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We are working in legacy code and have a problem with flaky tests.

I'd like to increase the default timeout, but the driver.findElement is used in a lot of places - overriding each call to use WebDriverWait would be a big task.

I found a recommendation to use implicit waits, which looked ideal as it only needed to be set once:

getDriver().manage().timeouts().implicitlyWait(5000, TimeUnit.MILLISECONDS);

I added this to the initialisation code block. Unfortunately, when I run one test case (50 tests) my performance bombs - increasing from ~30 seconds to 600 seconds.

I don't understand why the performace has got so much worse - I thought it would only have taken the maximum time if the elements weren't present (the tests passed). I thought this call would poll for the condition. But I also can't see where to set the poll interval... It does mention in the documentation that it should be used judiciously, but this is completely unusable!

Are we on the right track with using implicitlyWait()? Is there another way to toughen up our tests?

UPDATE On investigation, it appears that it is using implicitlyWait() and driver.getElements() that is slowing us down - if i nullify the implicitwait then reapply it straight after the call, then the tests run much faster. We use getElements ins over 400 places (!) - any recommendations on how to proceed?

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I strongly suspect there's more to the situation than the single line of code you've posted here would imply. In theory, you're right, that the implicit wait timeout should only wait the full timeout if the element is not found. It might be useful to see the actual code of the test case that has begun to perform poorly. It would also be useful to know if this happens in all browsers or just one, and if only one (or you're only running against one), which browser and version. – JimEvans Dec 4 '12 at 19:22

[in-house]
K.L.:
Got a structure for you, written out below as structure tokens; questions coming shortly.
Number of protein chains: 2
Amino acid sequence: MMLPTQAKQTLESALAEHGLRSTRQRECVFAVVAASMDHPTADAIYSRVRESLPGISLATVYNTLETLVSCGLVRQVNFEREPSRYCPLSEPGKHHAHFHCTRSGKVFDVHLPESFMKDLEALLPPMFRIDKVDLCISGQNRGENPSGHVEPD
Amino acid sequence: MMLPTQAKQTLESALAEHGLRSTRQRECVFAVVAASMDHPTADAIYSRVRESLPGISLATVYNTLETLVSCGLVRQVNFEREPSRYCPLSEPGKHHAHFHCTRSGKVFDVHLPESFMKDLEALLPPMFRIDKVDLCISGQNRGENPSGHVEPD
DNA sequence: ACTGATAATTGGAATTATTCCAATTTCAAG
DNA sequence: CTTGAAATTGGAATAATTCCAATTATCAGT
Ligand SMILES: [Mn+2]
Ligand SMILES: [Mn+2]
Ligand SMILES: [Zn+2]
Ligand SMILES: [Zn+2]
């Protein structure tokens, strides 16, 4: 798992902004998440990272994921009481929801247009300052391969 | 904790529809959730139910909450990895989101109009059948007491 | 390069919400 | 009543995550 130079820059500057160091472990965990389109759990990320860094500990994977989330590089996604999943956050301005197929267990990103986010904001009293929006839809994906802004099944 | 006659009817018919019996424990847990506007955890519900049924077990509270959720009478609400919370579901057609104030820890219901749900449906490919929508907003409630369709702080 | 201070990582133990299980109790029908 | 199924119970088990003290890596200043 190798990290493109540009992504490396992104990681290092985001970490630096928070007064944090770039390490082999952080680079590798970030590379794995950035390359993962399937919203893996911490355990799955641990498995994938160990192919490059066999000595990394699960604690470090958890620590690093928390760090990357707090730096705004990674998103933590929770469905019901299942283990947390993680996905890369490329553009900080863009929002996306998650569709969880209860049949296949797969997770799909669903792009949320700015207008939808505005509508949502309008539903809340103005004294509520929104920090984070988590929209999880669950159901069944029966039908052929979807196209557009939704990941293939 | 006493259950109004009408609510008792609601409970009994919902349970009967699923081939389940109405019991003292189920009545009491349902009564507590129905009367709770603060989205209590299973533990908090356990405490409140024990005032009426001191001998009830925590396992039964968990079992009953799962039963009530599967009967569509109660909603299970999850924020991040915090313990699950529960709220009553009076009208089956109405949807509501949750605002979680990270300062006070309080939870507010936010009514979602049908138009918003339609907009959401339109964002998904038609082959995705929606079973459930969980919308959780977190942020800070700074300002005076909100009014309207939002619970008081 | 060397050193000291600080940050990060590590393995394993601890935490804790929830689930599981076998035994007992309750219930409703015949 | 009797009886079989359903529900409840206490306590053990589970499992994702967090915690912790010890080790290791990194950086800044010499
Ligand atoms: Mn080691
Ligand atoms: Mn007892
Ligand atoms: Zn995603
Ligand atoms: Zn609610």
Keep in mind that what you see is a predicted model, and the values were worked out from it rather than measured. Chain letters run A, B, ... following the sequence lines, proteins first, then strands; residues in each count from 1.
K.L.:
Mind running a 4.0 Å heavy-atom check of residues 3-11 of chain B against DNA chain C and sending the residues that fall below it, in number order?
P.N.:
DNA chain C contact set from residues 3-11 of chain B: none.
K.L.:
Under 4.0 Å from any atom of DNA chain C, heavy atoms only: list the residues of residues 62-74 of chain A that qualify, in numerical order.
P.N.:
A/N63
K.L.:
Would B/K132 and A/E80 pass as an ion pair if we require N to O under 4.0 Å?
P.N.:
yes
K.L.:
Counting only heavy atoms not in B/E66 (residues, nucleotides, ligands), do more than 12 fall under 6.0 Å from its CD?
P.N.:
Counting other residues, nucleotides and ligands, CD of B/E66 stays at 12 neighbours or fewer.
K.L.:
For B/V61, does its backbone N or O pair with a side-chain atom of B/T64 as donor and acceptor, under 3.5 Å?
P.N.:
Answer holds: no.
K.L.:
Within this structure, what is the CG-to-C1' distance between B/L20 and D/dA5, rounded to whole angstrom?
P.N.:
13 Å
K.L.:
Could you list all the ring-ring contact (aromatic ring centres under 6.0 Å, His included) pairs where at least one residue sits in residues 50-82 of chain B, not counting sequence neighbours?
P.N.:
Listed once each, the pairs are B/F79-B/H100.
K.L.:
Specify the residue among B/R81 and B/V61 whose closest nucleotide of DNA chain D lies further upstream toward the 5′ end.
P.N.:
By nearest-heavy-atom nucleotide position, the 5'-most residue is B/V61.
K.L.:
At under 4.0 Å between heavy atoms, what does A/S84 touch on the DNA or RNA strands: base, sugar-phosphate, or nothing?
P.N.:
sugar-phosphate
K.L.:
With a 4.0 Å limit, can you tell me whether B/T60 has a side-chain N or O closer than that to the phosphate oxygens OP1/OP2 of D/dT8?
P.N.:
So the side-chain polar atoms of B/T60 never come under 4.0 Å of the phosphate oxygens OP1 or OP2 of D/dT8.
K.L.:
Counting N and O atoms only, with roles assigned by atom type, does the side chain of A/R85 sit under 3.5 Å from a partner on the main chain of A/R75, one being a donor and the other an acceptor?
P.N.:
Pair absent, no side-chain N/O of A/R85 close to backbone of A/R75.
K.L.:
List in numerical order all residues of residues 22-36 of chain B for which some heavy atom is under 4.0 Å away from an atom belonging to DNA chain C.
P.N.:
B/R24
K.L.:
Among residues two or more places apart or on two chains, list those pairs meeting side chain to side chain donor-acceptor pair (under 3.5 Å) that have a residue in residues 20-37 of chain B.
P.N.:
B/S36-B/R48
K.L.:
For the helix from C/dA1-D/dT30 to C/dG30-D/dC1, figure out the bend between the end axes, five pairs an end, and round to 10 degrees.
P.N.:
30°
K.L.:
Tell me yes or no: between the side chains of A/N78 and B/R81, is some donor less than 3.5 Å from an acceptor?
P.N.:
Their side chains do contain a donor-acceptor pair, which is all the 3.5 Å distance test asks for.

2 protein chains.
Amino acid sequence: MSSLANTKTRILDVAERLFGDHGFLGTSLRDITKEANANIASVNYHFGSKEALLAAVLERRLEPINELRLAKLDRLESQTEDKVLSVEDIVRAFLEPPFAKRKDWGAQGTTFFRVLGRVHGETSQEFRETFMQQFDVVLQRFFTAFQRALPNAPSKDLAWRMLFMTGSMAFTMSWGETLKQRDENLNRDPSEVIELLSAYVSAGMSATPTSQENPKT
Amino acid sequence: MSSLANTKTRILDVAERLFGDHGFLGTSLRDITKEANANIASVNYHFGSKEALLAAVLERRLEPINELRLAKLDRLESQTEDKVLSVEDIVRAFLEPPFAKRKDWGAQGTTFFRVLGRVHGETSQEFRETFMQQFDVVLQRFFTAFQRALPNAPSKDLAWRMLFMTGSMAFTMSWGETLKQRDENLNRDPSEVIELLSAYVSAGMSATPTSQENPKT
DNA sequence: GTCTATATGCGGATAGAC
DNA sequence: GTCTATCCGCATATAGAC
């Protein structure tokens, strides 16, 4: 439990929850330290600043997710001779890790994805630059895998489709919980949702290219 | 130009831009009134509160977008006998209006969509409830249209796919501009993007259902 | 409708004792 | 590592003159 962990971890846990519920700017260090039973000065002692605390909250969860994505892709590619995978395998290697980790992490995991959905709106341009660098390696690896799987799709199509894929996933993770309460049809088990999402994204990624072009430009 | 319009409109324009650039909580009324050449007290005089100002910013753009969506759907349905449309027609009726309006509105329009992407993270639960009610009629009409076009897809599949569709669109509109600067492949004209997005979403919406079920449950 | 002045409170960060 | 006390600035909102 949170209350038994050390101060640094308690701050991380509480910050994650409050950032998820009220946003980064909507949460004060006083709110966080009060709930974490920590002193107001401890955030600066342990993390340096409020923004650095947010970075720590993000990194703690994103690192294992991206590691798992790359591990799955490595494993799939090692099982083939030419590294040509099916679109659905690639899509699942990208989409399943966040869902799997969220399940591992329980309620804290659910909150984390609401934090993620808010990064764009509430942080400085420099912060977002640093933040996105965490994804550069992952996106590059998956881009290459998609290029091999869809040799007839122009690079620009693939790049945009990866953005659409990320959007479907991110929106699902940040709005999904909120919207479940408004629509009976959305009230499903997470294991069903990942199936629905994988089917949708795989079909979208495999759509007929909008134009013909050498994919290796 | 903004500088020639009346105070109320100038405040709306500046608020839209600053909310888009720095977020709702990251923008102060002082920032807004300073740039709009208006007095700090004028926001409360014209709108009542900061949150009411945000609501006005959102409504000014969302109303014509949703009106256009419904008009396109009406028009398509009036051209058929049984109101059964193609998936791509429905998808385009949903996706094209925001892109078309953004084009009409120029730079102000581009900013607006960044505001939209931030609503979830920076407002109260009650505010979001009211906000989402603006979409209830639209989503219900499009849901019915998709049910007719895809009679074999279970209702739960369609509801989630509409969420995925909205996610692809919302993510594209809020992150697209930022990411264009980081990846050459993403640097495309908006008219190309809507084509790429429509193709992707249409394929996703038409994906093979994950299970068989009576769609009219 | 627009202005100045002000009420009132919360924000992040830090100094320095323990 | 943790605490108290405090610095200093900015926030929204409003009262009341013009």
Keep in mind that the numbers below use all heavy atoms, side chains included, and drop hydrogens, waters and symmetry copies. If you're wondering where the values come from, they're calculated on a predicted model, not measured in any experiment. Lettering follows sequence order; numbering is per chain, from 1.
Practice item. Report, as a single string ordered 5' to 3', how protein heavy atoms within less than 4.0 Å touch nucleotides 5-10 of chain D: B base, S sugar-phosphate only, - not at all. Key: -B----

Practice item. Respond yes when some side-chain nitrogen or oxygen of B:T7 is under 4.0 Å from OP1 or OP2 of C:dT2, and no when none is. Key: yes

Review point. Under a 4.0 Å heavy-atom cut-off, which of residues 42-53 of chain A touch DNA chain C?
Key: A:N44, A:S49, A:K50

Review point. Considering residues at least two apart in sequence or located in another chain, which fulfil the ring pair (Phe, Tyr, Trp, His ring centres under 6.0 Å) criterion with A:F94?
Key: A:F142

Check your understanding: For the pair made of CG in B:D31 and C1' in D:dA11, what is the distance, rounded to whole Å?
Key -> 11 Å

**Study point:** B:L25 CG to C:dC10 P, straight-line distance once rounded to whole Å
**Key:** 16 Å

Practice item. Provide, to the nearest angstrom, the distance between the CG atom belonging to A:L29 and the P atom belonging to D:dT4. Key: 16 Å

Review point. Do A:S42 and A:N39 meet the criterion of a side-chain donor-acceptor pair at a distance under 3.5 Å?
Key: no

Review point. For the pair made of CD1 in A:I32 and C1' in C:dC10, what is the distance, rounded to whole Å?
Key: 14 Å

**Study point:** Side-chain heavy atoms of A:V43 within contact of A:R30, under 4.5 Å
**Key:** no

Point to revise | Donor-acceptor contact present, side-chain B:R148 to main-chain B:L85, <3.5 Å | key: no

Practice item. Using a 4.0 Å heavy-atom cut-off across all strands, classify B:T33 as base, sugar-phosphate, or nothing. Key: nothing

Thanks for the reponse. We have started to have the same suspicions. Unfortunately due to the sprawling nature of the legacy code, it is difficult to show useful representative code samples... we are hunting down the source of the problem now. It's good to know we are on the right path though - thanks! – laura Dec 5 '12 at 11:01
Question updated with more info – laura Dec 5 '12 at 12:08
up vote 0 down vote accepted

We weren't able to track down why this was happening with implicitlyWait. In the interests of making our build reliable, we wrote overrode getElement with our own polling mechanism, with a fairly low polling interval (100ms).

This has improved the accuracy of our tests, without affecting the build duration.

override def findElement(selector: By): WebElement = {
      val timeoutTime = System.currentTimeMillis() + timeout
      def helper(): WebElement = {
        try {
        } catch {
          case exception: NoSuchElementException => {
            if (System.currentTimeMillis() >= timeoutTime) {
              throw exception
            } else {
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